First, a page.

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The People v. Drake Jones

January 26, 2011

THE PEOPLE, PLAINTIFF AND RESPONDENT,
v.
DRAKE JONES, DEFENDANT AND APPELLANT.



(Super. Ct. No. 08F07524)

The opinion of the court was delivered by: Nicholson , J.

P. v. Jones

CA3

NOT TO BE PUBLISHED

California Rules of Court, rule 8.1115(a), prohibits courts and parties from citing or relying on opinions not certified for publication or ordered published, except as specified by rule 8.1115(b). This opinion has not been certified for publication or ordered published for purposes of rule 8.1115.

A jury convicted defendant Drake Jones of assault with a deadly weapon, a rock (Pen. Code, § 245, subd. (a)(1); count one), vandalism (Pen. Code, § 594, subd. (a); count two), and spousal battery against the parent of his child or children (Pen. Code, § 243, subd. (e)(1)) as a lesser included offense of infliction of corporal injury upon the parent of his child or children (Pen. Code, § 273.5, subd. (a); count three). Imposition of sentence was suspended and defendant was placed on probation for five years on count one and for three years on counts two and three. As a condition of count three, he was ordered to serve 300 days of incarceration with credit for 26 days.

On appeal, defendant contends (1) the trial court abused its discretion when it admitted neighbor Robert Thomas's 911 telephone call under the spontaneous statement exception to the hearsay rule, (2) admission of Thomas's 911 call violated his federal confrontation rights, and (3) the court's instructions to the jury erroneously omitted important language defining assault with a deadly weapon. We affirm the judgment.

FACTS

Prosecution Case-in-Chief

On September 10, 2008, around 1:00 a.m., Tonita Doss, the mother of defendant's children, returned from a date and drove her car up to her house. She observed defendant sitting in his car, which was parked by the house. Doss pulled her car next to defendant's car and rolled down her window. They exchanged words and he called her a "cheating bitch." Doss attempted to drive away but defendant used his car to block her escape. Defendant got out of his car, picked up a large rock, and threw it through the closed driver's side window of Doss's car while she was sitting in the front passenger seat.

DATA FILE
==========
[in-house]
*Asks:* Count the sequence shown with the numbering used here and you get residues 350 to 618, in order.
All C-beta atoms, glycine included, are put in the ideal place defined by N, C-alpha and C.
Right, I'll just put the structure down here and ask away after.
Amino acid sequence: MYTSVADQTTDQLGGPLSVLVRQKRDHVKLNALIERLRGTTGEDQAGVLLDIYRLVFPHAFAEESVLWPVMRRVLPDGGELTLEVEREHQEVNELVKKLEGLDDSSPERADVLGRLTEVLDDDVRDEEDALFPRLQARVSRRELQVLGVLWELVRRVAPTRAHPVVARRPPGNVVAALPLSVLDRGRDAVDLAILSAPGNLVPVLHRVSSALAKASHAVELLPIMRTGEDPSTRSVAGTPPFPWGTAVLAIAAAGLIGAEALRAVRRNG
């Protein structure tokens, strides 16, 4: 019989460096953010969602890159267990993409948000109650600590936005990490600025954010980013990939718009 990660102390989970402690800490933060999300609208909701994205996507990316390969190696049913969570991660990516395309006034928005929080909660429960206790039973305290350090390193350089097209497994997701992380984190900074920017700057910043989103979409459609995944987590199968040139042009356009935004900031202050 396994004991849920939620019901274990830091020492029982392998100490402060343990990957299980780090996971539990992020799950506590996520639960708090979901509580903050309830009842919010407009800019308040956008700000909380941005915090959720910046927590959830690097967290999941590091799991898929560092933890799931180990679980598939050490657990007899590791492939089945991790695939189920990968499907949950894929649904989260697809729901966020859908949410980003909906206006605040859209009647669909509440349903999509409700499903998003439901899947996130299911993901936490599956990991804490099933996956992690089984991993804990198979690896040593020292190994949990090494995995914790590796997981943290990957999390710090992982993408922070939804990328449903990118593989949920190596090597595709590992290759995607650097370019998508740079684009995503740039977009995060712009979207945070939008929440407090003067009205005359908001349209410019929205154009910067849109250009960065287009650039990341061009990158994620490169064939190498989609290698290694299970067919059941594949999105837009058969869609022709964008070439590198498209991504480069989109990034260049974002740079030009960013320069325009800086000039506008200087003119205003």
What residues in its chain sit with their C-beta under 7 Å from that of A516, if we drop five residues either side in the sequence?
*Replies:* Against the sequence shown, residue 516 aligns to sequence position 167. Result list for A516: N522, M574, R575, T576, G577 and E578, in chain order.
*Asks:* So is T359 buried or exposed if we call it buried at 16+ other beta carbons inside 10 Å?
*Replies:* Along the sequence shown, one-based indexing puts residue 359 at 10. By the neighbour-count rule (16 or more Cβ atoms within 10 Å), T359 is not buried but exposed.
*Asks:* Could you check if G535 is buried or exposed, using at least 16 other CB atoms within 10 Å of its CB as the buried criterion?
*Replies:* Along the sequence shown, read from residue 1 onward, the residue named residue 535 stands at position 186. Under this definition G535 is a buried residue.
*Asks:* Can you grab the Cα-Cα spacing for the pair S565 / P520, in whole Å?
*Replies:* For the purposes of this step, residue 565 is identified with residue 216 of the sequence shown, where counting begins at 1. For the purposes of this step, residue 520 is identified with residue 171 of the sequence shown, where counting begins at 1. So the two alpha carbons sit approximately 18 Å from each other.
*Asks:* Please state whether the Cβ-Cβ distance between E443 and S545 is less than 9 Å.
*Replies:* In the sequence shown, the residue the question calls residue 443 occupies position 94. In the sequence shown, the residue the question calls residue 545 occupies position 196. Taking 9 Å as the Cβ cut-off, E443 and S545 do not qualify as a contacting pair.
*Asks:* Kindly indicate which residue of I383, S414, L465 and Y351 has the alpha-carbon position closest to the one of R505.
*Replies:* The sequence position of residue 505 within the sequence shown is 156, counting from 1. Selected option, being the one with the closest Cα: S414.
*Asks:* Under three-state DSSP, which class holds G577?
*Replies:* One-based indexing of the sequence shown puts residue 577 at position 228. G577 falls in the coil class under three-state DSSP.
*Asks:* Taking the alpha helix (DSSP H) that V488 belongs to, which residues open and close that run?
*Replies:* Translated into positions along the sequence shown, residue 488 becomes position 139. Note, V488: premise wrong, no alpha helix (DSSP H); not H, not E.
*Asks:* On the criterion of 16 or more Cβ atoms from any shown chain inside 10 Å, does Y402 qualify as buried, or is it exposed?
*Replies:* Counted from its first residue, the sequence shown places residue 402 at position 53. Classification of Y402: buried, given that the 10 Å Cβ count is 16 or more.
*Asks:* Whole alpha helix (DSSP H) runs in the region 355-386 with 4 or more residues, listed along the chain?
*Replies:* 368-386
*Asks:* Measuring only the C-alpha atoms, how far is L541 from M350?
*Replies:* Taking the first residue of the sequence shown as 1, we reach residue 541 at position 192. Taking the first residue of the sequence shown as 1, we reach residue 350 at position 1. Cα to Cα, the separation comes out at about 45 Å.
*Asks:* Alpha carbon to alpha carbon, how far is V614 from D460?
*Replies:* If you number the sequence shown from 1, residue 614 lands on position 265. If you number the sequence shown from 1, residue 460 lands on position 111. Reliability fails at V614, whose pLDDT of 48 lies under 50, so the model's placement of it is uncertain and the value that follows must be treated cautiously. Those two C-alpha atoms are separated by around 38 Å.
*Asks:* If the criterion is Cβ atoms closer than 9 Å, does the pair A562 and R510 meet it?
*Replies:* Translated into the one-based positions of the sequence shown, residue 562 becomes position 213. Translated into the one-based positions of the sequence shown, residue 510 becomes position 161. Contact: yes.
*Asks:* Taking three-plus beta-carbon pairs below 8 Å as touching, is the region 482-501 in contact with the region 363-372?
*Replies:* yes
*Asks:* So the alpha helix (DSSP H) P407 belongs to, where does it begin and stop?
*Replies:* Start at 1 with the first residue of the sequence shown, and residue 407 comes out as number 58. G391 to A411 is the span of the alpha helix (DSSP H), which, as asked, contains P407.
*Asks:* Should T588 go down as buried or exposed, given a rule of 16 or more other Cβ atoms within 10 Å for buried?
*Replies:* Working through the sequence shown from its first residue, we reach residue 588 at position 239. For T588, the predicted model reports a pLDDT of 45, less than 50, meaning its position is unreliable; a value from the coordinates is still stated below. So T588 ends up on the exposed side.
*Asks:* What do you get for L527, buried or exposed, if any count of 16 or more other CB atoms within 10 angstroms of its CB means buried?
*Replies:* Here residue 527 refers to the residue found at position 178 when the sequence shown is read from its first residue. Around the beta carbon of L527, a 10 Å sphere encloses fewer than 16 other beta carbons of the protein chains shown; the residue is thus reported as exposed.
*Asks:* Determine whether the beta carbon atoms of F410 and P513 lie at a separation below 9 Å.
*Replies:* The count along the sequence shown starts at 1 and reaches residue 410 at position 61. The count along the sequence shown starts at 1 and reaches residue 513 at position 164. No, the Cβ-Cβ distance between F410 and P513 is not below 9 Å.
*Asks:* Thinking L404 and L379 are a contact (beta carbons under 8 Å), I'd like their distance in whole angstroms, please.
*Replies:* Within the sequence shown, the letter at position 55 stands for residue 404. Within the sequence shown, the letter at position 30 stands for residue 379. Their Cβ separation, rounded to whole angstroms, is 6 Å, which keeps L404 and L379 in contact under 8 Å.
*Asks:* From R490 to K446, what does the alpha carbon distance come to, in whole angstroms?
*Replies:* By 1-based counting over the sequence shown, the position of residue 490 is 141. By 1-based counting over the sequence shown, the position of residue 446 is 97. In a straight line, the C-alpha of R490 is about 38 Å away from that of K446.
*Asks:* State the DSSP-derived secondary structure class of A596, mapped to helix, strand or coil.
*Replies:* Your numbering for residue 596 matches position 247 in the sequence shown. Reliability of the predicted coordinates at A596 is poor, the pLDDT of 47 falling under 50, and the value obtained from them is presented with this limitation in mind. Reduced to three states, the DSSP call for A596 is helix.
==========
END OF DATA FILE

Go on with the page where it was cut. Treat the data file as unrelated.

Doss got out of her car and ran away screaming for help. Defendant chased after her. Robert Thomas, one of Doss's neighbors, ran out to where defendant and Doss were struggling. Defendant reentered his car and drove away.

Defense

The defense rested without presenting evidence or testimony.

DISCUSSION

I

Defendant contends the trial court abused its discretion when it admitted neighbor Thomas's 911 telephone call under the spontaneous statement exception to the hearsay rule. We are not persuaded.

Background

The prosecutor made an in limine motion to admit two 911 telephone calls that Doss's neighbors, Robert Thomas and Erica Hecox, had made to report the incident between defendant and Doss.*fn1 Defendant's trial counsel objected on hearsay and confrontation clause grounds. The court listened to the recordings, read their transcripts, and heard arguments of counsel before ruling.

The trial court ruled both 911 calls admissible, stating: "It does appear that they come within the proffered Evidence Code [section 1240] exception to the hearsay rule. And furthermore, considering the case law regarding [Crawford v. Washington (2004) 541 U.S. 36 [158 L.Ed.2d 177]], the Court finds that they are not testimonial and, therefore, not violative of the right of confrontation. That is the Court's ruling. [¶] It is further understood that most likely one or both of these witnesses will, in fact, be called, but I wanted to make sure that the Court's ruling was that if they were not called [to testify, the 911 calls] would be admissible as they are non-testimonial within the Court's view and within the exception to the hearsay rule."

The prosecutor played both 911 calls during defendant's trial and published transcripts of the calls to the jury. Hecox testified for the ...


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